|2007||Mendip Housing approach Bath & Wells Diocese to discuss the future of the almshouses. Subsequently the almshouses were gifted to the Diocese.
2 large Juniper trees are removed by Mendip Housing.
|2009||A new charity is incorporated with the aim of showing visitors and local residents the historical and architectural importance of this site.|
|2011||Extensive restoration work takes place to ensure the site will be preserved for the future.|
Queen consort of Scotland; tenure 1070-1093
Spouse: Malcolm III of Scotland m. 1070
Born: 1045 in Hungary Died: 16 November 1093 at Edinburgh Castle, Scotland
Queen Margaret of Scotland, was an English princess of the House of Wessex. Born in exile in Hungary, she was the sister of Edgar Ætheling, the short-ruling and uncrowned Anglo-Saxon King of England. Margaret and her family returned to England in 1057, but fled to the Kingdom of Scotland following the Norman conquest of England of 1066. Around 1070 Margaret married Malcolm III of Scotland, becoming his queen consort.
She was a pious woman, and among many charitable works she established a ferry across the Firth of Forth for pilgrims travelling to Dunfermline Abbey, which gave the towns of South Queensferry and North Queensferry their names. Margaret was the mother of three kings of Scotland and a queen consort of England.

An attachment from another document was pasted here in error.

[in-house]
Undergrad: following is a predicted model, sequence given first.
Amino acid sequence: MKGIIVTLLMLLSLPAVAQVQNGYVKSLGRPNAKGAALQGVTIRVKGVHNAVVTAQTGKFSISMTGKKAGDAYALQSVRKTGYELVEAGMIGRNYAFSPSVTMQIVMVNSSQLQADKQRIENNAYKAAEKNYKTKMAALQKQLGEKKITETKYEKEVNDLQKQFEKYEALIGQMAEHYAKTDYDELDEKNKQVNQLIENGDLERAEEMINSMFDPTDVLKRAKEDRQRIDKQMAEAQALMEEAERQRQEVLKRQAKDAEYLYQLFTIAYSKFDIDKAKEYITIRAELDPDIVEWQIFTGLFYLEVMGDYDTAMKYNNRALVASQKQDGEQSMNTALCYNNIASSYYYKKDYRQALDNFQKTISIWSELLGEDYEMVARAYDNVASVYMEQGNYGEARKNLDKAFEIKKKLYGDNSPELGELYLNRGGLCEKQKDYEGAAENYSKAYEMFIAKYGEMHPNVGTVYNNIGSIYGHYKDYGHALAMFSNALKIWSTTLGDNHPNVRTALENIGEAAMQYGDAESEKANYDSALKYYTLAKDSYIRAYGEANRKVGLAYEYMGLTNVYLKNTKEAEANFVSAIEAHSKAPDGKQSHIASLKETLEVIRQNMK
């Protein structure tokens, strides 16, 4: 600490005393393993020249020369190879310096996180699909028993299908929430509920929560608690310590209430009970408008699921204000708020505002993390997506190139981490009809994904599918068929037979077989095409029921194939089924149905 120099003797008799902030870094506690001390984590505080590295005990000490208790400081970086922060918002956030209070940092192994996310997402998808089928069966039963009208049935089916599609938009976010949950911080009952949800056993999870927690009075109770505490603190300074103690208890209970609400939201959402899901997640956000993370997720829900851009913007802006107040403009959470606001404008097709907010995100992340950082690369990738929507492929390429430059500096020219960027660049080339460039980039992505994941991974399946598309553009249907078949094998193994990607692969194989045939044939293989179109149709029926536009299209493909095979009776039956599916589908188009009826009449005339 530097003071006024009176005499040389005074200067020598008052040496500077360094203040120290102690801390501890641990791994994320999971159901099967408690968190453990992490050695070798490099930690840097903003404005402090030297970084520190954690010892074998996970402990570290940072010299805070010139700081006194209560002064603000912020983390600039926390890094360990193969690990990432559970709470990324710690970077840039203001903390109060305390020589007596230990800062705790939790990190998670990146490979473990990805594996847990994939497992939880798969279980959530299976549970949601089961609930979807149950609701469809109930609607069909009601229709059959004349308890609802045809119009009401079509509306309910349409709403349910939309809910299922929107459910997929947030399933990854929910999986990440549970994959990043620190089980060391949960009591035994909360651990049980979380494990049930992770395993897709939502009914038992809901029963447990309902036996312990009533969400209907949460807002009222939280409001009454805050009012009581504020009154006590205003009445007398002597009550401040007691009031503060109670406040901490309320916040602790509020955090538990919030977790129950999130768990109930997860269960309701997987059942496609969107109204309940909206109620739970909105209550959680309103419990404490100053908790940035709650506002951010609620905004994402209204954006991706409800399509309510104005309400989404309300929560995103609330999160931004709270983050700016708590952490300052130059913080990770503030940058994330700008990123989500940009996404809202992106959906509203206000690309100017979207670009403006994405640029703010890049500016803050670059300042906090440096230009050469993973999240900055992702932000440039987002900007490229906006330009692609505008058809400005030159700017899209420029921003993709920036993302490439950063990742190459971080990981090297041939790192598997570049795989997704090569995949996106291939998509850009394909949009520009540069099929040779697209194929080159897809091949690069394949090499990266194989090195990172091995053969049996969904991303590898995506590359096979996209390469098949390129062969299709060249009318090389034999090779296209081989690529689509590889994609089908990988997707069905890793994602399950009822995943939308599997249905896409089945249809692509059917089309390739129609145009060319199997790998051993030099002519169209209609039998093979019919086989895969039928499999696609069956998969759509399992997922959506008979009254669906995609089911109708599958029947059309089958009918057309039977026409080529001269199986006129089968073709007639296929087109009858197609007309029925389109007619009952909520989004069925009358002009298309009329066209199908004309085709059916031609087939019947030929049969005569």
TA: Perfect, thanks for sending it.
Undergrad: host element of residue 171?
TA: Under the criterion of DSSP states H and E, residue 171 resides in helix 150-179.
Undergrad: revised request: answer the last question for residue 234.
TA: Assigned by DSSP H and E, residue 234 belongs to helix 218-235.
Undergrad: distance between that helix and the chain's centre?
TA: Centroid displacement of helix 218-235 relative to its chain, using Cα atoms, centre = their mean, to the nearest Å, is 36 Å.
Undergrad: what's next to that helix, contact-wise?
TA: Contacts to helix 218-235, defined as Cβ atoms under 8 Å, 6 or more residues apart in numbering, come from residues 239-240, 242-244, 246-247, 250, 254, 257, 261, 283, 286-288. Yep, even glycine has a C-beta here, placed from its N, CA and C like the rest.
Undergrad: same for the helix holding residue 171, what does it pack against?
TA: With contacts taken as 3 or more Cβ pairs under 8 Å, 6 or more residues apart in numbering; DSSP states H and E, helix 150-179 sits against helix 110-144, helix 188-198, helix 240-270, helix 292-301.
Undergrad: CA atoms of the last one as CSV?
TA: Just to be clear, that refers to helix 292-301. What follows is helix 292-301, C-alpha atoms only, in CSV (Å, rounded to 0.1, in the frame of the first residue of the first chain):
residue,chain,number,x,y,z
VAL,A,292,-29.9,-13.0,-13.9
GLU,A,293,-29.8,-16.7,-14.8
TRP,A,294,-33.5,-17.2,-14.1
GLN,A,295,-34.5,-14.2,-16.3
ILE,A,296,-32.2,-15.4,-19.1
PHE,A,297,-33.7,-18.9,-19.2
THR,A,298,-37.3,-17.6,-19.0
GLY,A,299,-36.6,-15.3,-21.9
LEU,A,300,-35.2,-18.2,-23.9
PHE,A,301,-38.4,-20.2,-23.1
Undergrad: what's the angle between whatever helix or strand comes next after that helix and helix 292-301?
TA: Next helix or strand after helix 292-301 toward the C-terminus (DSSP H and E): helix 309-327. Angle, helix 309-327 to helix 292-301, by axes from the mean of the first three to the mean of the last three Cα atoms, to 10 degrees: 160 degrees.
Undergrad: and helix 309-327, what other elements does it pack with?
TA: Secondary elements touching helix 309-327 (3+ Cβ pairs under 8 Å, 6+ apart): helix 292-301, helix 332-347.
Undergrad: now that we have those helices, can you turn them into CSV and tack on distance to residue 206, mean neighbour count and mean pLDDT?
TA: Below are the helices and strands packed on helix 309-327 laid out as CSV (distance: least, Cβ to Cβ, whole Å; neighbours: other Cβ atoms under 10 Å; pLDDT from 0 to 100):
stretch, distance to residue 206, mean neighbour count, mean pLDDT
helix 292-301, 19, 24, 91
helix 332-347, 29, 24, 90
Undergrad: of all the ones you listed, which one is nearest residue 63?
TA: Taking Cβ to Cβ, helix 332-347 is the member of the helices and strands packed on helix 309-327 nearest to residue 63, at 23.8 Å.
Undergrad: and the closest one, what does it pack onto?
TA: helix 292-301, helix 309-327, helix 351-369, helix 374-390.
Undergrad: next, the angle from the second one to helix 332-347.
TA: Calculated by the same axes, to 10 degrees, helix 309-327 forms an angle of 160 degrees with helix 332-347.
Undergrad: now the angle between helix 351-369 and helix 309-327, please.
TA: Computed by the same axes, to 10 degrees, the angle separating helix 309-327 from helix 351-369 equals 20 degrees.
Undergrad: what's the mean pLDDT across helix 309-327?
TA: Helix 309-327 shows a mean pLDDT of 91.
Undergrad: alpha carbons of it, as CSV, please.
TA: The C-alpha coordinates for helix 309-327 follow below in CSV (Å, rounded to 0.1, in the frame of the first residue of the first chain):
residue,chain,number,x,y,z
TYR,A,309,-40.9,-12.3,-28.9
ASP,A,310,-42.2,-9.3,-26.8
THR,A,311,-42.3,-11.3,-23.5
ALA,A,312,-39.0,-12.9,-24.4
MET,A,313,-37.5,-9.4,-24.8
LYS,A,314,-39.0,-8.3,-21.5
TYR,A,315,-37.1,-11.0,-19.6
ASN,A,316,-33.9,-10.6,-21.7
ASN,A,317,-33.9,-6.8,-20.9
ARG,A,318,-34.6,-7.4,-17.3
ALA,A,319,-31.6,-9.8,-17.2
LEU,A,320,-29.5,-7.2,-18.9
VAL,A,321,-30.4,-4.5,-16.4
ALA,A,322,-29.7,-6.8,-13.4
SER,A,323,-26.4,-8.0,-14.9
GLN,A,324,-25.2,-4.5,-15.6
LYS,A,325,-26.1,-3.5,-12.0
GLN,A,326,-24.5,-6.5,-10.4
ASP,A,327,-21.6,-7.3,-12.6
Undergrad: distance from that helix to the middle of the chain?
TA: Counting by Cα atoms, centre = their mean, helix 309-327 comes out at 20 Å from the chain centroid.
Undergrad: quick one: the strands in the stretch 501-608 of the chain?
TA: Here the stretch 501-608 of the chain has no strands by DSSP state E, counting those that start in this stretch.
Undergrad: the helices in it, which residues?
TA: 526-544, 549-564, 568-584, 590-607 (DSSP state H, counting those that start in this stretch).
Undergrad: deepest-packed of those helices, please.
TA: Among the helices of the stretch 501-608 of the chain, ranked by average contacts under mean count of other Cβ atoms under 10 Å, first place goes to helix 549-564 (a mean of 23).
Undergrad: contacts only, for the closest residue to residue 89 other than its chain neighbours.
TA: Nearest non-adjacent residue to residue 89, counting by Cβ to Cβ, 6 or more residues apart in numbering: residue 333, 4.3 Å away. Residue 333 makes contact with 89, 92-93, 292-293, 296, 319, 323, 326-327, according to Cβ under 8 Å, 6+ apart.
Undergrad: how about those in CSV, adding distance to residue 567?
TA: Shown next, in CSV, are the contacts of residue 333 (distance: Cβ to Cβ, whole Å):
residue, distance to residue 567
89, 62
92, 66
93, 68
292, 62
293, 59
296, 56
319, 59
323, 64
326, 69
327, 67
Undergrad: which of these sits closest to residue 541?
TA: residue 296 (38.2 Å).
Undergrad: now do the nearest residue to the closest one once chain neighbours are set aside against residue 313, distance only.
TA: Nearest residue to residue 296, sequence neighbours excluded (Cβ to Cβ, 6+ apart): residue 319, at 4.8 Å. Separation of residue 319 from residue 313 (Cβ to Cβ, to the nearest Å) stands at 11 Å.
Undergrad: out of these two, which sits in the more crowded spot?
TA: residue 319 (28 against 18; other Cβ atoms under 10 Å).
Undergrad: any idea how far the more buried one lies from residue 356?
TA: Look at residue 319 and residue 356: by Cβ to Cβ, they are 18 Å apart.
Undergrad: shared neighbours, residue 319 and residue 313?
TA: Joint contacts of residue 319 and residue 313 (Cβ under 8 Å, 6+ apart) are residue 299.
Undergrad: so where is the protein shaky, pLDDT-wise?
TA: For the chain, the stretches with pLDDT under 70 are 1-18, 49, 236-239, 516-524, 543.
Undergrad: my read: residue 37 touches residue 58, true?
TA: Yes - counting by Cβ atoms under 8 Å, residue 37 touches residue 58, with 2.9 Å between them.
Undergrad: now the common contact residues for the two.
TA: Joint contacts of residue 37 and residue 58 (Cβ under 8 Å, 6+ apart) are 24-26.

According to the Life of Saint Margaret, attributed to Turgot of Durham, she died at Edinburgh Castle in 1093, just days after receiving the news of her husband’s death in battle. In 1250 she was canonised by Pope Innocent IV, and her remains were reinterred in a shrine at Dunfermline Abbey.
Margaret’s biographer credits her with having a civilising influence on her husband Malcolm by reading him stories from the Bible. Due to these achievements, she was considered an exemplar of the just ruler, and influenced her son David I. Margaret was a wealthy woman and used her wealth to build chapels associated with the great Abbey’s. Although she had died before this chapel was built, she instructed her son to carry out the work she had planned.